Energy drinks are linked to insomnia and poor sleep in young people, with just a few cans a week having an effect, research suggests.
Experts found that young people aged 18 to 35 who consumed the drinks every day slept around half an hour less than those drinking them occasionally or not at all.
Among men, having two or three drinks a week meant they were 35% more likely to have a bedtime after midnight, 52% more likely to sleep less than six hours, and 60% more likely to wake in the night than those who did not or rarely drank them.
For women, they were 20% more likely to have a bedtime after midnight, 58% more likely to sleep less than six hours, and 24% more likely to wake in the night.
It comes after a study published last week said the sale of all energy drinks to young people and children in the UK should be banned because of links with anxiety, stress and suicidal thoughts.
Energy drinks often contain high levels of caffeine and sugar and are marketed as providing people with an energy boost.
The Government has consulted on a proposal to end the sale of energy drinks to children under 16 in England and has said it will set out a response in due course.
In the meantime, some larger retailers and supermarkets have voluntarily introduced a ban on the sale of energy drinks to children under 16.
Researchers have said, however, that the drinks can still be easily bought by children in places such as corner shops.
The latest study, published in BMJ Open and based on 53,266 Norwegian students, found the drinks are popular with young people.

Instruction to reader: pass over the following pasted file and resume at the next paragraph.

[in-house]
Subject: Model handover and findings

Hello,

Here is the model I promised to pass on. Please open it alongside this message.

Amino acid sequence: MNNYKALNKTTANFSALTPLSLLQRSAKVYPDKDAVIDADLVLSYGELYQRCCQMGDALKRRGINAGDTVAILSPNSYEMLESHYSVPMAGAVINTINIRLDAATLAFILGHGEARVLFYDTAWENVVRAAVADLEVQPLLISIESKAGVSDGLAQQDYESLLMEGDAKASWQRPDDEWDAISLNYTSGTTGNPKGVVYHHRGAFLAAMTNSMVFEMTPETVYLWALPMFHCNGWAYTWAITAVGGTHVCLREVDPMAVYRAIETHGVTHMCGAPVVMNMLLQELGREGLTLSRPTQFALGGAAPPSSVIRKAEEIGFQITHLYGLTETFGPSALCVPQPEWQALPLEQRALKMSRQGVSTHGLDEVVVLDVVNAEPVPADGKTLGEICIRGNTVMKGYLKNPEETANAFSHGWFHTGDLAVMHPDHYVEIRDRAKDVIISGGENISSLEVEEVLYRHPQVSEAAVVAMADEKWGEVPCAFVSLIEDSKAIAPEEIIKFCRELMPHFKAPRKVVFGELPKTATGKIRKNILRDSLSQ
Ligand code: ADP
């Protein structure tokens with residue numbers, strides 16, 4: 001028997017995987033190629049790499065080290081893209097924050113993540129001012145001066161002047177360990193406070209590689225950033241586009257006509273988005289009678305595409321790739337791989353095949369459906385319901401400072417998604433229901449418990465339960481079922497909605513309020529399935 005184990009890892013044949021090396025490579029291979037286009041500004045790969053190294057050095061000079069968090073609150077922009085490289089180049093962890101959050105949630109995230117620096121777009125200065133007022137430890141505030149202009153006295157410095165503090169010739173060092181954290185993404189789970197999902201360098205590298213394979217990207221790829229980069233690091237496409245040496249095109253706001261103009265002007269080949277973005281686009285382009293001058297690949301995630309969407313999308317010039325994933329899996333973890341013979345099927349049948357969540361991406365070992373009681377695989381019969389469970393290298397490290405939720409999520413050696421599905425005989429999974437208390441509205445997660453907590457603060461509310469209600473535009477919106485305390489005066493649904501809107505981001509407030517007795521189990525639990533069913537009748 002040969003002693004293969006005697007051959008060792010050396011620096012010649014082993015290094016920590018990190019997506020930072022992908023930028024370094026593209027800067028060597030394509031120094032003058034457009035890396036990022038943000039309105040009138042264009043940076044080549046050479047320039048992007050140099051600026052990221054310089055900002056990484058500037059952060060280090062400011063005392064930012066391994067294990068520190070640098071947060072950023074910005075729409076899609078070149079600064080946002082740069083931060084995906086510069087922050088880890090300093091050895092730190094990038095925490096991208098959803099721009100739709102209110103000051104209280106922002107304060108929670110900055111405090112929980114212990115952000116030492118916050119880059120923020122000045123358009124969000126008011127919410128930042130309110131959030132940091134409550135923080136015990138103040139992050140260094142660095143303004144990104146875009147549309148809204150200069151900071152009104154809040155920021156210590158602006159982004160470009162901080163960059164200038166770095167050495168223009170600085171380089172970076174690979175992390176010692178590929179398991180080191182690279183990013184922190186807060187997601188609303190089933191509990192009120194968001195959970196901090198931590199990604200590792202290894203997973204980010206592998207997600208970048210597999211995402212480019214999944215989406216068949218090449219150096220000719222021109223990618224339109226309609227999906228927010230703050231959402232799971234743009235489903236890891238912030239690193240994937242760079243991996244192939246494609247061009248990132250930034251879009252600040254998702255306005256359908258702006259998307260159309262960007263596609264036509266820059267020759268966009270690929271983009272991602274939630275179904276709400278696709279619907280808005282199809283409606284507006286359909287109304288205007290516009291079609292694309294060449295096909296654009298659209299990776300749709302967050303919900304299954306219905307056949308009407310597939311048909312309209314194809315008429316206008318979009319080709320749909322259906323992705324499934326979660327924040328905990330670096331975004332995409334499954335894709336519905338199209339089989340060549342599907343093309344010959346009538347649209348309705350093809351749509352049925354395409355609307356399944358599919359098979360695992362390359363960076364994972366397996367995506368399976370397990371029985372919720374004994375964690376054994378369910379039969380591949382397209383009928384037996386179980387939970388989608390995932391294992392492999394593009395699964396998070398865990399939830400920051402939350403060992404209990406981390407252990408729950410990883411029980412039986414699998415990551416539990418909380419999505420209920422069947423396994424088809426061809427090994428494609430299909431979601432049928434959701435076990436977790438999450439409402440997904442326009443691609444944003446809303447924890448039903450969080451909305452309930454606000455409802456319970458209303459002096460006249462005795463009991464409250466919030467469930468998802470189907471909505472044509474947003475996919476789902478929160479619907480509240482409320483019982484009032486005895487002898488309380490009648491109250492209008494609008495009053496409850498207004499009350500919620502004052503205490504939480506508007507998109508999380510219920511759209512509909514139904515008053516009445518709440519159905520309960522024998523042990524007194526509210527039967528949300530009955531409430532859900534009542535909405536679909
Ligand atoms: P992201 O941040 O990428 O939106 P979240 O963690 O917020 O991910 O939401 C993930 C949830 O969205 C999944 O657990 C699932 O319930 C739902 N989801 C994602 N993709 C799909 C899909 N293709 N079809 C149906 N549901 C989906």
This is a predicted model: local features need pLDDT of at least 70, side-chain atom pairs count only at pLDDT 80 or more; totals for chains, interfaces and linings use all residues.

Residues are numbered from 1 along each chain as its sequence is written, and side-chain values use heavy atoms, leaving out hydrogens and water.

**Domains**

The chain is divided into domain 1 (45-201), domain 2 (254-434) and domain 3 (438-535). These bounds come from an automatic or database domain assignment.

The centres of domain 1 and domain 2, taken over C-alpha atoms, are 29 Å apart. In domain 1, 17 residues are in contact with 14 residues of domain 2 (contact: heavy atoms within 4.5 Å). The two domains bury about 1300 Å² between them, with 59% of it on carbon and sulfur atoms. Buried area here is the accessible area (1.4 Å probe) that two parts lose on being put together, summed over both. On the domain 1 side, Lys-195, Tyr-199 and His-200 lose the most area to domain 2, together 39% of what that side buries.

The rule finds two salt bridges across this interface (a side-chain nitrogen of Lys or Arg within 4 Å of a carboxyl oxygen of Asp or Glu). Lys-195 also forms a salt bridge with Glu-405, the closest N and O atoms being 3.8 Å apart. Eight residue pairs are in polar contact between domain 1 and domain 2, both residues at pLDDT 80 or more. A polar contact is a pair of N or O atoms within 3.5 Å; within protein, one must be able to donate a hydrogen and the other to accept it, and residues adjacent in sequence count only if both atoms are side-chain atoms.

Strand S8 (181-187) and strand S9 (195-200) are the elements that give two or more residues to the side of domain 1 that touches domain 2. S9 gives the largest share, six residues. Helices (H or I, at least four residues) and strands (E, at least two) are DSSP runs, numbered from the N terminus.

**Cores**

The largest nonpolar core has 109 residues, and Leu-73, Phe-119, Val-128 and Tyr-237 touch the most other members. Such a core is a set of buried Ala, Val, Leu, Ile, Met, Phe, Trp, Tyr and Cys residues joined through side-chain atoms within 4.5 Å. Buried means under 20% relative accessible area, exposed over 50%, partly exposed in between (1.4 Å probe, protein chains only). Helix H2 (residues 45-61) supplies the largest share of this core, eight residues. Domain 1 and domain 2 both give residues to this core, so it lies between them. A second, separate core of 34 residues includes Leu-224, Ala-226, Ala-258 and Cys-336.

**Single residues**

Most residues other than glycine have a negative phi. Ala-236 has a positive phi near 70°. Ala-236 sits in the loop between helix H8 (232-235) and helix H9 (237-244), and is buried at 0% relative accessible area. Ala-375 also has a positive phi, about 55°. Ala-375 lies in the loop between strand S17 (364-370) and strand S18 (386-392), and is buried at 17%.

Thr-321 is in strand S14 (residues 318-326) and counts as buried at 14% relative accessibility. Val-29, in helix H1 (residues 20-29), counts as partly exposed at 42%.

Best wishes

Students in the study were asked how often they drank energy drinks, with responses including daily, weekly (including once a week, two to three times a week, and four to six times a week), monthly (one to three times), and seldom/never.
They were also asked detailed questions about their sleep patterns, such as when they went to bed and got up, how long it took them to fall asleep and if they woke in the night.
Insomnia was defined as problems falling and staying asleep and waking early on at least three nights a week, plus daytime sleepiness and tiredness for at least three days of the week, for at least three months.
Overall, half of women in the study said they never consumed energy drinks, while the figure was 40% in men.
Of those who did drink them, 5.5% of women said they drank them four to six times a week and just over 3% drank them every day.
In men, 8% drank them four to six times a week and 5% drank them every day.
The results showed that people consuming the drinks daily had more issues overall with waking after falling asleep and took longer to fall asleep, and slept less overall than those not drinking them.
The study also found that the more people drank, the less sleep they had.
For women drinking energy drinks daily, 51% reported suffering insomnia, compared with 33% of women who drank the drinks occasionally or never.
Meanwhile, in men, 37% of daily drinkers suffered insomnia, compared with 22% of those who rarely or never had the drinks.
Men who were daily drinkers were more than twice as likely to say they slept fewer than six hours a night as infrequent drinkers, while women were 87% more likely to do so.
But even students having one to three energy drinks a month had bigger sleep issues than those who never touched them, the study suggested.
The researchers warned they had not established that energy drinks cause these effects and acknowledged that reverse causality – whereby energy drink consumption might be a consequence of poor sleep rather than the other way round – might explain the link.
However, they said: “The results from the current study show that there is a robust association between the frequency of (energy drink) consumption and the different sleep parameters.”
The experts were drawn from across Norway, including the Universities of Bergen and Oslo.
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